KVUE -- One way to reduce traffic in Austin is to get cars off the road, but how would you get around if you didn't drive? Just ask Emily Schwartz.
"To see doctors and dentists near Seton hospital, I have to go across town, and it is bus No. 21/22 depending on the direction," said Schwartz. She says it runs every 40 minutes, so she'll usually take a taxi there and bus it home. "As the density in this city increases, we have the danger of deadlock, that nobody will be able to go anywhere," said Schwartz.
As a believer in public transportation, Schwartz attended Project Connects Central Corridor Public workshop. Here, Cap Metro and the city presented plans and alternates for the future of transport in Austin.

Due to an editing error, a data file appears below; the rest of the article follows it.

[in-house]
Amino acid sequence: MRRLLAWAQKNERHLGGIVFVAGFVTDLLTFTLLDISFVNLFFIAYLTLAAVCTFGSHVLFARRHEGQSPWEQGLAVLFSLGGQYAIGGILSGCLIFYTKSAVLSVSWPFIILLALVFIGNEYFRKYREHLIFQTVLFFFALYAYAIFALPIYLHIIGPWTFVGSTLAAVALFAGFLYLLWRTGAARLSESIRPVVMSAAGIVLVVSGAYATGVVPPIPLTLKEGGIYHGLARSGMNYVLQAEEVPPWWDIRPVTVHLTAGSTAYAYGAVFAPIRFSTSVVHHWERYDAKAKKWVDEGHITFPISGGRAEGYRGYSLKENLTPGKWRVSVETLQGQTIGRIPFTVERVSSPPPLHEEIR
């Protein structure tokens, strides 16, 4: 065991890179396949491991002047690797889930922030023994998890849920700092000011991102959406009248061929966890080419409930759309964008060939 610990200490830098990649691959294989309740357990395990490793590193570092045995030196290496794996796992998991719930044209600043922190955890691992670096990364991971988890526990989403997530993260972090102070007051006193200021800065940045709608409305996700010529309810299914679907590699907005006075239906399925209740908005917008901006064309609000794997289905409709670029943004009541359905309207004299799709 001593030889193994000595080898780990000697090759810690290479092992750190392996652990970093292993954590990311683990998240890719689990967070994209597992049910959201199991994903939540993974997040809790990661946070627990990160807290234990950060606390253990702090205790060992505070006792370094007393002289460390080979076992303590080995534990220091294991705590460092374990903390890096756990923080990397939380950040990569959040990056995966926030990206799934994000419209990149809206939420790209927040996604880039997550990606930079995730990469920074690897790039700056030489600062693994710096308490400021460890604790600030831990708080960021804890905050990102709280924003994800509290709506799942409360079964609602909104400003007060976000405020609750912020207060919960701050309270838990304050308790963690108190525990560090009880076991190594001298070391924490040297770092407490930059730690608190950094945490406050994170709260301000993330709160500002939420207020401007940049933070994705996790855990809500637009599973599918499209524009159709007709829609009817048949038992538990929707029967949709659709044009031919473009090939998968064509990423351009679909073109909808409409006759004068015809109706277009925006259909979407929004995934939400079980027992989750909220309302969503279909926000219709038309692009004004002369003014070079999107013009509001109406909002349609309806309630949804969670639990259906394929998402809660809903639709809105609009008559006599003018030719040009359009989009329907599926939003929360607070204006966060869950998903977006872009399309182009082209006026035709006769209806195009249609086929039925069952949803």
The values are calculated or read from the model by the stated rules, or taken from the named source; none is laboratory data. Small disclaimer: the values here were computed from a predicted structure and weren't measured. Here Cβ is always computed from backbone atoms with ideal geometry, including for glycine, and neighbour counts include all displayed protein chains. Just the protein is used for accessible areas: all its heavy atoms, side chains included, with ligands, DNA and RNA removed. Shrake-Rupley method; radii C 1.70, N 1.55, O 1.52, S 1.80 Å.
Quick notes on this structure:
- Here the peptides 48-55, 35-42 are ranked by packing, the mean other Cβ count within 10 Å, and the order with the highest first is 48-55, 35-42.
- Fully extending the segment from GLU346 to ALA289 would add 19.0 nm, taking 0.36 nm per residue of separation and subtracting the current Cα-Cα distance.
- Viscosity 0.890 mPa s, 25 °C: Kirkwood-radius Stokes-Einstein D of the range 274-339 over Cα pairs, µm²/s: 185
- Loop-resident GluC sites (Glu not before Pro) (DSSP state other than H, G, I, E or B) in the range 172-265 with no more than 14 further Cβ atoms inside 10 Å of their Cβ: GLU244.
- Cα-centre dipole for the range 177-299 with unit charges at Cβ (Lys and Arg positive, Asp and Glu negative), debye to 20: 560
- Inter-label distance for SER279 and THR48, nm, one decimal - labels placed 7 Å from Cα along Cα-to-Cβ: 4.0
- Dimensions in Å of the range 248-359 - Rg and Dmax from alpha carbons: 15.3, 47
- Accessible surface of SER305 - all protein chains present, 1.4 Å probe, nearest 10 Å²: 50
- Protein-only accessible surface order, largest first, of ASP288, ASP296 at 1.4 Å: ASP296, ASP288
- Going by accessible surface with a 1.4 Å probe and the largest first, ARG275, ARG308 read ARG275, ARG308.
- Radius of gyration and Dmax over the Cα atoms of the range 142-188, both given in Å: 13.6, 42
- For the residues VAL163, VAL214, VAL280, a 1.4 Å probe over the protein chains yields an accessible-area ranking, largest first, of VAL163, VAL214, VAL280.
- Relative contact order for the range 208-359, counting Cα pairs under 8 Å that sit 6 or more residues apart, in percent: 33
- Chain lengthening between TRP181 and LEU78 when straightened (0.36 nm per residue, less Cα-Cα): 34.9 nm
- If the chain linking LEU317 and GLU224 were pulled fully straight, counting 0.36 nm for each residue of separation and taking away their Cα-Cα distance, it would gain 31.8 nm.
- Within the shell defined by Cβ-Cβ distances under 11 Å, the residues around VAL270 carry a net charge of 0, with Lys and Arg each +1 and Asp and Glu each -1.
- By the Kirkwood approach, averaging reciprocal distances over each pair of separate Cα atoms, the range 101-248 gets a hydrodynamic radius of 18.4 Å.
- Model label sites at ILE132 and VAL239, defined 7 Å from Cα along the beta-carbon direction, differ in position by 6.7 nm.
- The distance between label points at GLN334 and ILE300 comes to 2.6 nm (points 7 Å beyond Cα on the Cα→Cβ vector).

They're looking for the public's input on 16 proposed station stops, starting at Highland Mall, through downtown, Lady Bird Lake and south to East Riverside Drive.
Kyle Keahey is the joint rail project leader. They're showing people the cost estimates of what to build along those stations, urban rail or bus rapid transit. They've also identified alternatives to crossing Lady Bird Lake. They'll use the public's input to make recommendations to the council and Cap Metro in May.
Project Connect will ask city residents if the alternative to crossing Lady Bird Lake should be via bridge or tunnel.
On the public's reaction today, Keahey said, "I think the overall feeling I'm getting is, ‘Can we do this now? Why is this taking so long?’”
It's a real challenge, and even once something is approved, it takes time. Expect to see the results in about seven years. Go here to read more on Austin's transit vision.
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